Adventures in Robot Building

It’s all about learning, right? I’ve been building a robot from scratch, as you may know if you’ve read some of my previous posts. I started out with only a vague idea of what I wanted to do. I started by saving the miniature balsa crates that the grocery store sells tangerines in. That is a good size for a robot, I thought to myself.

Then I discovered the Arduino. I knew immediately that I wanted the robot to have an Arduino for a brain. Next, I bought a dual gear motor kit and some wheels. I assembled the kit and discovered that it wasn’t going to mount very easily on my tangerine crate. So, I thought about it a while and discovered that if I took the crate entirely apart (it was only stapled together), the side panel was exactly the right size to mount my wheel assembly on.

Originally, I wanted to build a robot with wheels front and back. My BOEbot uses a rear roller for stability instead of having two sets of wheels so I wanted to try something different. After some more thought, I decided to compromise and buy an omni-directional caster for the stability point of my robot. By this point, I had mounted the wheels on one end of the side panel and the caster on the other. I had also purchased an H-bridge motor driver shield to control the wheels (shields are the daughter boards that plug on top of the Arduino so conveniently).

The motor shield came as a kit and I assembled it per the instructions. Try as I might, I never got it to spin my motors. I spent several afternoons troubleshooting the problem and decided that I probably burned out one of the chips on the motor shield. I decided that I should have installed a socket instead of soldering the chip directly to the board as the kit instructed. So, I ordered some replacement chips for the board and proceeded to try to desolder the chip in question. That was harder than it sounded. I haven’t yet managed to desolder the chip in question.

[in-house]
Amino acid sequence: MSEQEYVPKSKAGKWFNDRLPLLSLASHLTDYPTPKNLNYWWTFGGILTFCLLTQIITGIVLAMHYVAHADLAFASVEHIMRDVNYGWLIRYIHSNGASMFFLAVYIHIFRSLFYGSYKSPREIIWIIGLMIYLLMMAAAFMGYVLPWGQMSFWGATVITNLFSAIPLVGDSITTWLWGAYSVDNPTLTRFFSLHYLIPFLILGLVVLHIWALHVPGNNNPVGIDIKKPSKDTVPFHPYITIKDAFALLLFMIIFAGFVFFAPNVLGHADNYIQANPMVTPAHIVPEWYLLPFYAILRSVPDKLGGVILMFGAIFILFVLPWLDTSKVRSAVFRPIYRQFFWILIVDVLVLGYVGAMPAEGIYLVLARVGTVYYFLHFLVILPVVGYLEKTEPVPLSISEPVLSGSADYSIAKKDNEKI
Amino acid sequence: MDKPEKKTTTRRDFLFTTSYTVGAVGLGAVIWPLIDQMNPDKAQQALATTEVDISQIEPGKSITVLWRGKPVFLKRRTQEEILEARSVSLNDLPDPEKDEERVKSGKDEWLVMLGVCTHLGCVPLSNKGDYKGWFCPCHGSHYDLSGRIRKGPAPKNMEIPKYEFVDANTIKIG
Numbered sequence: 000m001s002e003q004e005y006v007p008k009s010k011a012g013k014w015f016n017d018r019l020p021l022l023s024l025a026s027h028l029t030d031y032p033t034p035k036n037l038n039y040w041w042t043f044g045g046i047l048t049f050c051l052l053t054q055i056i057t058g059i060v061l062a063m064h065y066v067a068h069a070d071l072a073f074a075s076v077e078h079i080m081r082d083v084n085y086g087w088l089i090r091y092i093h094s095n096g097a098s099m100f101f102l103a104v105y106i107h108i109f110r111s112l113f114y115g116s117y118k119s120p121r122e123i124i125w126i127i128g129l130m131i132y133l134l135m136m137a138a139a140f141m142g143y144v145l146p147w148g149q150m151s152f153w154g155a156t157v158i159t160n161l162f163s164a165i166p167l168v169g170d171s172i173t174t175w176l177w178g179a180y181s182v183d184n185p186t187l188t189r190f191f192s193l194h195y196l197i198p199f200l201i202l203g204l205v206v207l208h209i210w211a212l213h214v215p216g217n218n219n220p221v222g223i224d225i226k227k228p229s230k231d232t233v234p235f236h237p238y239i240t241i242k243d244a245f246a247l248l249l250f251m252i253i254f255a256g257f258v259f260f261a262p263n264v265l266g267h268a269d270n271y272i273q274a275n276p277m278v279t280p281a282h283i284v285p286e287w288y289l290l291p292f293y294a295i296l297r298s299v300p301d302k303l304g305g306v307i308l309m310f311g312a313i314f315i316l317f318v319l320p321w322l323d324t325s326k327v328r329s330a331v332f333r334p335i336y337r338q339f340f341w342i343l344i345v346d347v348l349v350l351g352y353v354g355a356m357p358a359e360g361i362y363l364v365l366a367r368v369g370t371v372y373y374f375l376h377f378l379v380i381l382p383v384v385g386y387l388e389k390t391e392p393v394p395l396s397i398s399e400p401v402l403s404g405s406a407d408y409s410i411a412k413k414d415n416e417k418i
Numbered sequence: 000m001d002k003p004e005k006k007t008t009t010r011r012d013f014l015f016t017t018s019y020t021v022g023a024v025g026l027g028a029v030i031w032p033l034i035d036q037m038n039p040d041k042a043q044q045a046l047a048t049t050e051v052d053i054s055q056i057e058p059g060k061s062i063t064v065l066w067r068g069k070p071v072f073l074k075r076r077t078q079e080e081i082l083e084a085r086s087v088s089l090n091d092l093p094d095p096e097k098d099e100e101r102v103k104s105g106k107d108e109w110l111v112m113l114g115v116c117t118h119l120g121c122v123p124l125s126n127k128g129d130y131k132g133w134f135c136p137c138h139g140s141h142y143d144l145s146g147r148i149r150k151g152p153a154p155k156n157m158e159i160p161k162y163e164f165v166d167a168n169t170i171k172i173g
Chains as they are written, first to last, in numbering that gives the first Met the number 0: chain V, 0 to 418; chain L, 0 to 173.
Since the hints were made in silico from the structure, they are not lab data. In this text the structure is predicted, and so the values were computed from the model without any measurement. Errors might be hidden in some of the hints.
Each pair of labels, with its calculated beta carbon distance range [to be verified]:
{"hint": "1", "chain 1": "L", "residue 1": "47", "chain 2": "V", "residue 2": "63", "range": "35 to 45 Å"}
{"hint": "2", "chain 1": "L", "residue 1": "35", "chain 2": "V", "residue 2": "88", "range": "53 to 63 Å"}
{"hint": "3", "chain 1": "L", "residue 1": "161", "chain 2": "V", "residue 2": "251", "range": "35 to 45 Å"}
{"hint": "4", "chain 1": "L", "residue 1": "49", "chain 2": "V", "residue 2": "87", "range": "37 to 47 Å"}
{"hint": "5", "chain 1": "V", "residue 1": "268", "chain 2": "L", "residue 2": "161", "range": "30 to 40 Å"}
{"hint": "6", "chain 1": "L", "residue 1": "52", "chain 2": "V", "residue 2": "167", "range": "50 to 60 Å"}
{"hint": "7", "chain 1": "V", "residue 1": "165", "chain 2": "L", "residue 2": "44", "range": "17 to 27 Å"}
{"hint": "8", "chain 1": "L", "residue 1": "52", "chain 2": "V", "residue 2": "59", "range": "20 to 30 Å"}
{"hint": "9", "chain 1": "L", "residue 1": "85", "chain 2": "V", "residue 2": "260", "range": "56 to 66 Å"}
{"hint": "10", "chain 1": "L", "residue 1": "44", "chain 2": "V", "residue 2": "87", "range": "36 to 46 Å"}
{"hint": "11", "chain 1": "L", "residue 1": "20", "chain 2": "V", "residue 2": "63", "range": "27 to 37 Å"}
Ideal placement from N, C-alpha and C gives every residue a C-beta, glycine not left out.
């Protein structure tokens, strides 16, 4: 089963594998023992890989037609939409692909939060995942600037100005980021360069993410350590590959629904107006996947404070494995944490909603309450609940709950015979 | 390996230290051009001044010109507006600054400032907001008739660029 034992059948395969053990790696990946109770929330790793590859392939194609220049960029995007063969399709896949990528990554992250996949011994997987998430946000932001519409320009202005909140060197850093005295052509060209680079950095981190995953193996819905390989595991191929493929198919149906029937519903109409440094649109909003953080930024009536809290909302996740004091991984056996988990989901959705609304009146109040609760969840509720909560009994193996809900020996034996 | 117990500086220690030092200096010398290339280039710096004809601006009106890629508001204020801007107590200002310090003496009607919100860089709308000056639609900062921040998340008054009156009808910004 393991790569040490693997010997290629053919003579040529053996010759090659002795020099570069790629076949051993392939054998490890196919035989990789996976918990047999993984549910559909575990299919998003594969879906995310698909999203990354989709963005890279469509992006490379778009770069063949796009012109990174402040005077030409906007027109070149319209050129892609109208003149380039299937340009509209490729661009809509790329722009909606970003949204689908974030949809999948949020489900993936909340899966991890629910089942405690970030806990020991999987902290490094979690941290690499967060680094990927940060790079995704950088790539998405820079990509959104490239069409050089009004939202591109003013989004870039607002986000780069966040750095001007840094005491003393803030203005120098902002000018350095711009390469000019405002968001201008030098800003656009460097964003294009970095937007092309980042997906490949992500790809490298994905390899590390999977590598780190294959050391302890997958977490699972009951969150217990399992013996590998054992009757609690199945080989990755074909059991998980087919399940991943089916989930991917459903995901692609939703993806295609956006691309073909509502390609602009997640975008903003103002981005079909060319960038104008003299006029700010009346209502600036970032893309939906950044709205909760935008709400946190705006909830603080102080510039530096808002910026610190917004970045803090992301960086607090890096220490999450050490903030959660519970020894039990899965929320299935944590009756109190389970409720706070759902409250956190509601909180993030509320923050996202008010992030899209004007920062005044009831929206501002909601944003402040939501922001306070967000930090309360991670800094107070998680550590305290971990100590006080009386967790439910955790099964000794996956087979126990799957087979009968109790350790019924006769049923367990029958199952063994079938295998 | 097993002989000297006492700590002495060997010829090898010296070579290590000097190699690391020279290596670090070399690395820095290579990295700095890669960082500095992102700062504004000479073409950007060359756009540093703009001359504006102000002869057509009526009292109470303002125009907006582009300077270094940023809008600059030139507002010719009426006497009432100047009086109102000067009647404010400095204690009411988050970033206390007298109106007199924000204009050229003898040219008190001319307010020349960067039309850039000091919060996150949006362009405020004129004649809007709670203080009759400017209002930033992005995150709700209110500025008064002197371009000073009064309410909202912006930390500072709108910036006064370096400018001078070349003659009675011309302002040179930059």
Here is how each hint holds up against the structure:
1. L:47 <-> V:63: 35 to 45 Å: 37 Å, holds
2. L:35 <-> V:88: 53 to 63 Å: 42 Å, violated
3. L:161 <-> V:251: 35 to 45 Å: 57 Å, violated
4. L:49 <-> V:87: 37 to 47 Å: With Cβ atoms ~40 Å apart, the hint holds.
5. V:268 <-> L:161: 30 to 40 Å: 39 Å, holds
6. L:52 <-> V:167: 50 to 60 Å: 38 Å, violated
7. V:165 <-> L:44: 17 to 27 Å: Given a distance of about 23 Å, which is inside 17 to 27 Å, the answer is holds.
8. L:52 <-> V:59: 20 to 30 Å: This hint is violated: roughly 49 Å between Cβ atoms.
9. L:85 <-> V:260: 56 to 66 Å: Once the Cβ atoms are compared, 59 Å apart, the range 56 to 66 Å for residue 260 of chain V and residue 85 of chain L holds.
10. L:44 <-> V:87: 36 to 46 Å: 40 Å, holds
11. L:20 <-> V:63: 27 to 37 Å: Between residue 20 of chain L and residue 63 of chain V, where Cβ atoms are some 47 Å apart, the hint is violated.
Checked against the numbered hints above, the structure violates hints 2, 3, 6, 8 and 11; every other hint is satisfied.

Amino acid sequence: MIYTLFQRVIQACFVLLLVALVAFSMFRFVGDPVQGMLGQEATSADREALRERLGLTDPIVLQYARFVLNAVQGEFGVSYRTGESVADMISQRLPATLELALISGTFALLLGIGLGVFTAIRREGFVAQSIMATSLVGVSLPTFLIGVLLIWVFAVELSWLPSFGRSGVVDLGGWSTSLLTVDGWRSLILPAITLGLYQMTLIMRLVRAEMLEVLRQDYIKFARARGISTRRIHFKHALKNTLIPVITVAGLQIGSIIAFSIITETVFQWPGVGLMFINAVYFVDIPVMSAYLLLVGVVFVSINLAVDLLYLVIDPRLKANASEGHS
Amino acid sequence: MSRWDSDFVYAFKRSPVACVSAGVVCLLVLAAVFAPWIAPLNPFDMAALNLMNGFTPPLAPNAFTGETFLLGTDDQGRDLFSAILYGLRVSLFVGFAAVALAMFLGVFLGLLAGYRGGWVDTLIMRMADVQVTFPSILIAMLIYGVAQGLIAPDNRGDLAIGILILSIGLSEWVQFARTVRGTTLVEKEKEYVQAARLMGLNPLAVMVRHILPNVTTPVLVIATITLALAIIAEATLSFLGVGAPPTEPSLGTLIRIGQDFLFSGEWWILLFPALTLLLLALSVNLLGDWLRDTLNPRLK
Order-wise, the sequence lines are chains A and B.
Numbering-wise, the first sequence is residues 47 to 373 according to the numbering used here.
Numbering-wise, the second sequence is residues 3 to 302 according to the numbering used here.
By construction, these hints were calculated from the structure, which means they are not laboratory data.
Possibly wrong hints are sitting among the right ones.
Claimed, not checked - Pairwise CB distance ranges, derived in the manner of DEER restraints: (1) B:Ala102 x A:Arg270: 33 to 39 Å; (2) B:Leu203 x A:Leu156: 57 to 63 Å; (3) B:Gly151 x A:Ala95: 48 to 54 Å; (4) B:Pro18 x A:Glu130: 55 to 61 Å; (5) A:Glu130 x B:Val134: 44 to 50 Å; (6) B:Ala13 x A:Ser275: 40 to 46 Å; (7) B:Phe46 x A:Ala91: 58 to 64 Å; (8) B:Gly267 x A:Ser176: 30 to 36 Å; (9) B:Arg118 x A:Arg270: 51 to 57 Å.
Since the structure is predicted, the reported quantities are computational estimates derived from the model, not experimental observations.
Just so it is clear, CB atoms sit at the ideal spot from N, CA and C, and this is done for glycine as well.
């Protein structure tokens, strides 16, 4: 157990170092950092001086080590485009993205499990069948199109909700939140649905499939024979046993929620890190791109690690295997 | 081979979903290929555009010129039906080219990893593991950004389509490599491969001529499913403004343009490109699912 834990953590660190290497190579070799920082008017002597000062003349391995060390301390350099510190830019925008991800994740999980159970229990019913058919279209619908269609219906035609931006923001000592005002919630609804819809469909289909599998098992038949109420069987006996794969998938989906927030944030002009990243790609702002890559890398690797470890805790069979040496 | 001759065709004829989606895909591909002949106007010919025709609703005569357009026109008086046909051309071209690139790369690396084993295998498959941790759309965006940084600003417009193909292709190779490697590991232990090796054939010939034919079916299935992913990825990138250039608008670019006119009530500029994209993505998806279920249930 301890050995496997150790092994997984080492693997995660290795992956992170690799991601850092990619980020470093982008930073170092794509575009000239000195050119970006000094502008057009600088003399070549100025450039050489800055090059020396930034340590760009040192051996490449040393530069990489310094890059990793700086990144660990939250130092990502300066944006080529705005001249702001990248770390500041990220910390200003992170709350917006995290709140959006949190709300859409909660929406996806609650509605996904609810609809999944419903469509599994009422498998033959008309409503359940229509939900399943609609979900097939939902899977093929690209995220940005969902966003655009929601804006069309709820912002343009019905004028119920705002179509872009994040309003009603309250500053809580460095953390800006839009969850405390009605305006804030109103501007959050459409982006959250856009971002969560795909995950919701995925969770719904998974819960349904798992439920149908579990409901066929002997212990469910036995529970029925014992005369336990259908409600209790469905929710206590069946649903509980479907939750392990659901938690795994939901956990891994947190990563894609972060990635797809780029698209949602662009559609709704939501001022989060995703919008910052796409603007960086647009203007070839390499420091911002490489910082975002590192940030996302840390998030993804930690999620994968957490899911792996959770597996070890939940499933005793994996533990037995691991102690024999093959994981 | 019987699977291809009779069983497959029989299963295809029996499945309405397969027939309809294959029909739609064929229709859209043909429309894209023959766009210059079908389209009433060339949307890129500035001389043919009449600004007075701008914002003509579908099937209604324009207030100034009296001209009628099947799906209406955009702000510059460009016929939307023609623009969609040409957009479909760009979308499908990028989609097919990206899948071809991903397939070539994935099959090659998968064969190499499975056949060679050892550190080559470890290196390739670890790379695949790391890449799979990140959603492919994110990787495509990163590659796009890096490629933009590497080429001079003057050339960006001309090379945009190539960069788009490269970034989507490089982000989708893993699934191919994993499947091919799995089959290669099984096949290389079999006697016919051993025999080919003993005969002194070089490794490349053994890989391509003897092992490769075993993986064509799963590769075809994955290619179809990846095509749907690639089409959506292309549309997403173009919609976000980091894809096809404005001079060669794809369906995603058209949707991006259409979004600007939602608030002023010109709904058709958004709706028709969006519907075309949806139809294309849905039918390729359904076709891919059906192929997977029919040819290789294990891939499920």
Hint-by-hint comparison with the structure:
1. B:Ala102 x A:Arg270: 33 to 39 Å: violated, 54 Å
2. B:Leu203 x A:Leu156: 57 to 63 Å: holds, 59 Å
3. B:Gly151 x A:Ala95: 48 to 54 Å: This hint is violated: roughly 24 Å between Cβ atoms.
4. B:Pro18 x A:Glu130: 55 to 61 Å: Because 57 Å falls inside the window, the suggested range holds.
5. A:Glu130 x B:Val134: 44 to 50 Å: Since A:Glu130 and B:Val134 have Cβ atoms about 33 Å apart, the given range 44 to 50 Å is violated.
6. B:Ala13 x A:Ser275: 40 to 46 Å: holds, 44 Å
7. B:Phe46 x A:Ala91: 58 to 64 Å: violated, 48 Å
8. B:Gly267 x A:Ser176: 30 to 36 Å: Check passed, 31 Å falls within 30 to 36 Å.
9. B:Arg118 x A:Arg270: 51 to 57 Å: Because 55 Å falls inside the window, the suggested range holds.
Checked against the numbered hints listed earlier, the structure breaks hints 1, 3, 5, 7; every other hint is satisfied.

While I was ordering the replacement chips, I discovered an already assembled H-bridge controller that cost less than half what I paid for the motor shield kit. The mini-controller wasn’t as capable as my motor shield but it was adequate for driving the two motors on my robot. All it required was that you solder two, eight pin headers to either side of the board. I was sold. If I could repair the motor shield, I could use the little controller board for another project. If I didn’t get the motor shield fixed, I would still be able to get my robot rolling on it’s own power with the new controller. That was the plan anyway.

When the parts came in, I soldered the headers to the board and plugged it in to the solderless bread board to give it a try. I wired it up and checked my wiring several times. I wrote the code for the Arduino to control the new board. I plugged it all in and uploaded the code and nothing happened.

I spent most of the evening troubleshooting. I still haven’t figured out what is wrong. I will give it another try this weekend. I still have several things I can try. I suppose it wouldn’t be nearly as much fun if it wasn’t so challenging. And like I said at the beginning of this post, it’s all about learning, right?

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